Expression of MTDH in normal prostate and PCa cell lines

Two normal human prostate epithelial cell lines (PWR-1E and RWPE-1 cells) and 6 PCa cell lines (PC-3, LNCaP, DU145, C4-2, 22Rv1 and NCI-H660 cells) were examined to determine the expression levels of MTDH. The 2 normal cells exhibited no obvious differences in the mRNA and protein expression of MTDH. However, compared with the 2 normal cells, almost all 6 PCa cell lines exhibited a significantly increased expression of MTDH at both the mRNA and protein level (P<0.01; Fig. 2A-C).

Effects of the overexpression or silencing of MTDH on cell viability, and on the invasion and migration of normal and PCa cell lines

The overexpression of MTDH was successfully induced in the normal human prostate epithelial cell line, PWR-1E, by transfection with an MTDH overexpression plasmid. The results of RT-qPCR and western blot analysis revealed that the expression of MTDH significantly increased in the PWR-1E cells by transfection with MTDH overexpression plasmid, compared to the control (P<0.01; Fig. 2D-F). In addition, 3 PCa cell lines (PC-3, LNCaP and DU145) that had a higher expression of MTDH or studied widely were transfected with siRNA against MTDH (siMTDH). No differences were observed between the control and NC groups in terms of the expression of MTDH. However, in the siMTDH groups, the mRNA and protein levels of MTDH exhibited a significant decrease (P<0.01; Fig. 2D-F). As regards cell viability, the overexpression of MTDH slightly enhanced the viability of the normal PWR-1E cells in comparison to the control or mock groups (P>0.05; Fig. 2G). In the PC-3, LNCaP and DU145 PCa cells, the silencing of MTDH significantly decreased cell viability starting from 48 h in the siMTDH groups (48 h, P<0.05; 72 h, P<0.01; Fig. 2G).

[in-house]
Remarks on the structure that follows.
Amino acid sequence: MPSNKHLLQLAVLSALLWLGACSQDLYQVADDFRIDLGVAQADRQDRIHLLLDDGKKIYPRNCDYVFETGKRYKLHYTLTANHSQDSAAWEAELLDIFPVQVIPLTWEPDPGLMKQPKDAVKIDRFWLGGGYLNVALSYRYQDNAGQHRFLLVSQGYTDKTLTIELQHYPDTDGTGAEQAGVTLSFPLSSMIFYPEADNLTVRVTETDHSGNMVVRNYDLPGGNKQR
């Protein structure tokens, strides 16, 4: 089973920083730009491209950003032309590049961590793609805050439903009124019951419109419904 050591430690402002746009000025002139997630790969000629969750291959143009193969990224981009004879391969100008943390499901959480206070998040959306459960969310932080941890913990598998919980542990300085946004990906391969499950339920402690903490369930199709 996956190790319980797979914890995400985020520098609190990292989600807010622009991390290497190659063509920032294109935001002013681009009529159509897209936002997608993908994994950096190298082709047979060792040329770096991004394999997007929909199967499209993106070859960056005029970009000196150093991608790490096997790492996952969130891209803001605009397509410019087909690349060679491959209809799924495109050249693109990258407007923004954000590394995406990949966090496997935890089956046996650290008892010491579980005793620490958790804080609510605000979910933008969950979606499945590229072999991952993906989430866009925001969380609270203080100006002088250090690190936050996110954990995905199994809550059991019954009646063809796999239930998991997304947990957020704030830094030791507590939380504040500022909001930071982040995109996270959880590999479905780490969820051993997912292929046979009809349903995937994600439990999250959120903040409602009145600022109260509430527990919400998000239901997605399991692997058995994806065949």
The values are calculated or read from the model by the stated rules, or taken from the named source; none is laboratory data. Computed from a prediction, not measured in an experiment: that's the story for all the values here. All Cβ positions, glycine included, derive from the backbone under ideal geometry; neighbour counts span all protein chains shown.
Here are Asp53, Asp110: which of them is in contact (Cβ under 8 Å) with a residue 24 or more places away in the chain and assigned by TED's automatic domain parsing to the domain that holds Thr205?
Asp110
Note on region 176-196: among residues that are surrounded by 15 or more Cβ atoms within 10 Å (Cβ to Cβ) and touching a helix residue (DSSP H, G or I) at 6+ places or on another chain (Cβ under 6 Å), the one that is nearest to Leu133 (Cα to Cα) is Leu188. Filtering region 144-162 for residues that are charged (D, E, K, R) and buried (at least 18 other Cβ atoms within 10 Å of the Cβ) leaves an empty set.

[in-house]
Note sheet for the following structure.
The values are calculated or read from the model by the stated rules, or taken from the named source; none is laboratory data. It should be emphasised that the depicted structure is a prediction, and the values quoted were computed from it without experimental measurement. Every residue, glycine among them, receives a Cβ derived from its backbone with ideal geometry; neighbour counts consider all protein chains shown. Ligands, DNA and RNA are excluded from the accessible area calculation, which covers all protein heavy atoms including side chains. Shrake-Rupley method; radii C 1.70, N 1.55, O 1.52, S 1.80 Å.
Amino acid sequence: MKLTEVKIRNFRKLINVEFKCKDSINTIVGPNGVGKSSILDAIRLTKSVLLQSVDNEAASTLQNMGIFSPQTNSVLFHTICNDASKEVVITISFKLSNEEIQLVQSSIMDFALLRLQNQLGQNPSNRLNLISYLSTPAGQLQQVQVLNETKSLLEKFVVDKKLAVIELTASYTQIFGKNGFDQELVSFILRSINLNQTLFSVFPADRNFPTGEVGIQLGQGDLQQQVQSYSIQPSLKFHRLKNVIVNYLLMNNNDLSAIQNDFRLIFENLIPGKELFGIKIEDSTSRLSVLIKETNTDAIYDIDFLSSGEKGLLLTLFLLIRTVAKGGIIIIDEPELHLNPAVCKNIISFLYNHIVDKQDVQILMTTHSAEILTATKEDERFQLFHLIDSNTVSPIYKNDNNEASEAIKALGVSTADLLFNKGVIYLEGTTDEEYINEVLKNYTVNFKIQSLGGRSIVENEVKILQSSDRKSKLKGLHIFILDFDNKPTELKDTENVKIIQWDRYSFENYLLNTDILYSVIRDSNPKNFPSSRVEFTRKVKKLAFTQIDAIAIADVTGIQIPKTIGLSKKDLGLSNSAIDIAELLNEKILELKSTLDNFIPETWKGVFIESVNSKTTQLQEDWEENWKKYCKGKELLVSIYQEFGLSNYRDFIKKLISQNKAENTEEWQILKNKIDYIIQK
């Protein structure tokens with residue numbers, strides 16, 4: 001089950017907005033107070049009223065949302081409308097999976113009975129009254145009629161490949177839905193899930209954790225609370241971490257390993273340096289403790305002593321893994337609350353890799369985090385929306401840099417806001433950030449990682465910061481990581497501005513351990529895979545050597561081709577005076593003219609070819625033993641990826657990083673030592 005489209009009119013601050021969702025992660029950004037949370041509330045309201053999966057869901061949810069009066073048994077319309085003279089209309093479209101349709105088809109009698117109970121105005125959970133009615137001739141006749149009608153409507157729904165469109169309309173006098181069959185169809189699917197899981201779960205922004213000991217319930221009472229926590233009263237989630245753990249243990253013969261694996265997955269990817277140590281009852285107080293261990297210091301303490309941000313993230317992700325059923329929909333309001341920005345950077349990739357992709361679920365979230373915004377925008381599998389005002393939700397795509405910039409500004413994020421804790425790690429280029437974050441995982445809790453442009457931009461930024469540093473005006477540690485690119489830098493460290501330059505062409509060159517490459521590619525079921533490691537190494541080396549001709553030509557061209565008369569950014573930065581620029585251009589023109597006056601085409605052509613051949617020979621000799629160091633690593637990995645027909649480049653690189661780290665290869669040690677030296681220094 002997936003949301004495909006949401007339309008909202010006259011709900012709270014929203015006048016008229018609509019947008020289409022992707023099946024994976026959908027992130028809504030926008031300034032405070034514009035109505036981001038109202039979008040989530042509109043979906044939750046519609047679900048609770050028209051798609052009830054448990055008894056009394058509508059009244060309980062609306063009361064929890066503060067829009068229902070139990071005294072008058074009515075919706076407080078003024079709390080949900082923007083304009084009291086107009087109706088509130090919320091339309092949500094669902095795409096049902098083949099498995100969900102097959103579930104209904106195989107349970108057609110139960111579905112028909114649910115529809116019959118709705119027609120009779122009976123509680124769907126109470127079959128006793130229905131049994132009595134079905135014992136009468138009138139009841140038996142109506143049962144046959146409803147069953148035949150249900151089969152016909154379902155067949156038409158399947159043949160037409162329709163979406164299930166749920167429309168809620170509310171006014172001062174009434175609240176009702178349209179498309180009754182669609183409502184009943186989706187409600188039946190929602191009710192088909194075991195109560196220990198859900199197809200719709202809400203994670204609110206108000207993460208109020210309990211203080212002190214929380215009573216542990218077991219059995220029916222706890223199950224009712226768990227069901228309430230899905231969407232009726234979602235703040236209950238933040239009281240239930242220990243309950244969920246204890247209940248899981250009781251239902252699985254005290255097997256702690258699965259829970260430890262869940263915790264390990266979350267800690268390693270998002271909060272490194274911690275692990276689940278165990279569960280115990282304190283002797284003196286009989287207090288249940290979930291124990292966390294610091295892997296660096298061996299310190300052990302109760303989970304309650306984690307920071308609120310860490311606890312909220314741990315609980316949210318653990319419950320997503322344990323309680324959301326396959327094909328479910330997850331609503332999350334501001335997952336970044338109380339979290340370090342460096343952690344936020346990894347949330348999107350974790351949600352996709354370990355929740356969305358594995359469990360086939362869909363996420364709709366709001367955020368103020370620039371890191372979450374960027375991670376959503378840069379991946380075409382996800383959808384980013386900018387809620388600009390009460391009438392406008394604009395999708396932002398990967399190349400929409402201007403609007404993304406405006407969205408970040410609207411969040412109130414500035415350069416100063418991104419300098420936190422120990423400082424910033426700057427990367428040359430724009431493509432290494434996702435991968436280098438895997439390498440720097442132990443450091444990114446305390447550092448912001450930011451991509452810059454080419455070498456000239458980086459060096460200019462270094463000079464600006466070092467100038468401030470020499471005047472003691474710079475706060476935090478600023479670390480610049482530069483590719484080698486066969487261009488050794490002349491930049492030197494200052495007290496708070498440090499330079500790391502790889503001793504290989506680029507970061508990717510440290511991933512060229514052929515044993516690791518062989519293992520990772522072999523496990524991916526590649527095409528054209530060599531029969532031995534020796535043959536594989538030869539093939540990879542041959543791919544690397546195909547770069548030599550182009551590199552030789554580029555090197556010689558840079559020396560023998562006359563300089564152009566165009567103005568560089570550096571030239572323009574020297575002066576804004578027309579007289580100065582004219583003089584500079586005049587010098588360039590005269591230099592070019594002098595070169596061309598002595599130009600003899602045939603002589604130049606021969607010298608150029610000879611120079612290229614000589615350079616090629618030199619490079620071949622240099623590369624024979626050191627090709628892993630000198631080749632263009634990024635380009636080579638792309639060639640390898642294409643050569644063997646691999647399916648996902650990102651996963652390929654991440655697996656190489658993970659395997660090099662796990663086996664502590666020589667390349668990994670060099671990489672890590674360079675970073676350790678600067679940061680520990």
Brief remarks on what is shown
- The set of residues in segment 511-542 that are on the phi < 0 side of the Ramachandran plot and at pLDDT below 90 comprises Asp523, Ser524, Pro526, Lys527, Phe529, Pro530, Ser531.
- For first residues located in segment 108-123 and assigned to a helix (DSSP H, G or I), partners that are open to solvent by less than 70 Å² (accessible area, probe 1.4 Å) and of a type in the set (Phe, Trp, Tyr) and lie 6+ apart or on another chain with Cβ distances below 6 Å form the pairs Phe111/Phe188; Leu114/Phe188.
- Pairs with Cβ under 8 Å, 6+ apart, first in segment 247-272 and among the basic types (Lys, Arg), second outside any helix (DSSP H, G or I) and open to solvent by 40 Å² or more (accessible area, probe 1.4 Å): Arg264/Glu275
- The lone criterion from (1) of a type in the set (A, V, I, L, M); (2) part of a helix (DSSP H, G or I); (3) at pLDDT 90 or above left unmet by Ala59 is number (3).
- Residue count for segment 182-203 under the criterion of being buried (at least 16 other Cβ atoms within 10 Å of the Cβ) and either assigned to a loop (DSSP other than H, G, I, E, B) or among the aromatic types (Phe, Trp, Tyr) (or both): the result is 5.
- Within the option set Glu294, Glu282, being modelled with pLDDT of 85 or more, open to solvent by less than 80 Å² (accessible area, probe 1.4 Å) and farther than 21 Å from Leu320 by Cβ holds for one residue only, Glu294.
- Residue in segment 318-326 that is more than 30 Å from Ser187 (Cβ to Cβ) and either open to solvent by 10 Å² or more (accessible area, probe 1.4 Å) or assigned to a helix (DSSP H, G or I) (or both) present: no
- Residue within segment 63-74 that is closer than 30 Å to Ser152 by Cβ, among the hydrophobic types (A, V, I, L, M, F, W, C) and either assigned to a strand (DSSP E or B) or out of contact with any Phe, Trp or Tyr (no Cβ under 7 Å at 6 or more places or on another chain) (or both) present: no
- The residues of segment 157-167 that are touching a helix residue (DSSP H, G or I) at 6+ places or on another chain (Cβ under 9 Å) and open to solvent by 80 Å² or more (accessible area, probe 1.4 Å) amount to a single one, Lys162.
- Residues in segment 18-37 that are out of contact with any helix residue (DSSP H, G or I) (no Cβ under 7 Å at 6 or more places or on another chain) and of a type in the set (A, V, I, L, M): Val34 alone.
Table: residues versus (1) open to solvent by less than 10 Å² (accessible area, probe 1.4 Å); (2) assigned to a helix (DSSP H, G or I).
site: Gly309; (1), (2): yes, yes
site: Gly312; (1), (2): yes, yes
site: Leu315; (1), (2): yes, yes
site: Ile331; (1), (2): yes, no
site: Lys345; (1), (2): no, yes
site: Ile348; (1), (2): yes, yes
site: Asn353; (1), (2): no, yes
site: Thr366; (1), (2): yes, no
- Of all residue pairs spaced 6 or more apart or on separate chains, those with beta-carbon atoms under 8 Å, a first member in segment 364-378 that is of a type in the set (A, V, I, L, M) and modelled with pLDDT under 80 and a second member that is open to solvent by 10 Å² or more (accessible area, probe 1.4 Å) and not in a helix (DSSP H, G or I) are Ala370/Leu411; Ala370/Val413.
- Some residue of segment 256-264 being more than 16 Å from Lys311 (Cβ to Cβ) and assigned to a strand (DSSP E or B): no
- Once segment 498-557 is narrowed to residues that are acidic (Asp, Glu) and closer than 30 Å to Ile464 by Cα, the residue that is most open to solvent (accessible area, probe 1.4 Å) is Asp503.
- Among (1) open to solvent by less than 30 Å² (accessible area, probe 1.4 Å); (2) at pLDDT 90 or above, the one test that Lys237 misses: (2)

Cell migration and invasion were also detected by scratch wound assay and Transwell assay, respectively (Fig. 3A and B). At 24 h after the scratch wound was created, the overexpression of MTDH significantly increased the migration of the PWR-1E cells (P<0.01; Fig. 3D), while the silencing of MTDH significantly decreased the migration of the PCa cells (P<0.01). The effects of the overexpression or silencing of MTDH on cell invasion were similar to those observed on cell migration. Specifically, the overexpression of MTDH increased the invasion of the PWR-1E, while the silencing of MTDH decreased the invasion of the 3 PCa cell lines (P<0.01; Fig. 3C).

Screening of miRNAs associated with MTDH and the expression of miRNAs in normal prostate normal and PCa cell lines

By using the DianaTools, TargetScan, miRWalk and miRTarBase databases, 16 miRNAs were found to be associated with MTDH in PCa and normal tissues (Fig. 4B). As shown by RT-qPCR, similar results were observed for hsa-miR-145-5p, hsa-miR-145-3p, hsa-miR-499a-5p and hsa-miR-22-3p, in that they exhibited high expression levels in the normal PWR-1E cells, and relatively low expression levels in the PC-3, LNCaP and DU145 PCa cells (P<0.01; Fig. 4A). Similar results were also observed for hsa-miR-30e-5p, hsa-miR-375, hsa-miR-30a-5p, hsa-miR-200b-3p, hsa-miR-200c-3p, hsa-miR-30c-5p and hsa-miR-30b-5p, in that they exhibited high expression levels in the PC-3, LNCaP and DU145 cells, but low expression levels in the PWR-1E cells (P<0.01). The expression levels of other miRNAs did not exhibit clear differences between the normal and cancer cell lines.

Effects of inhibitors or mimics of miRNAs on the expression of MTDH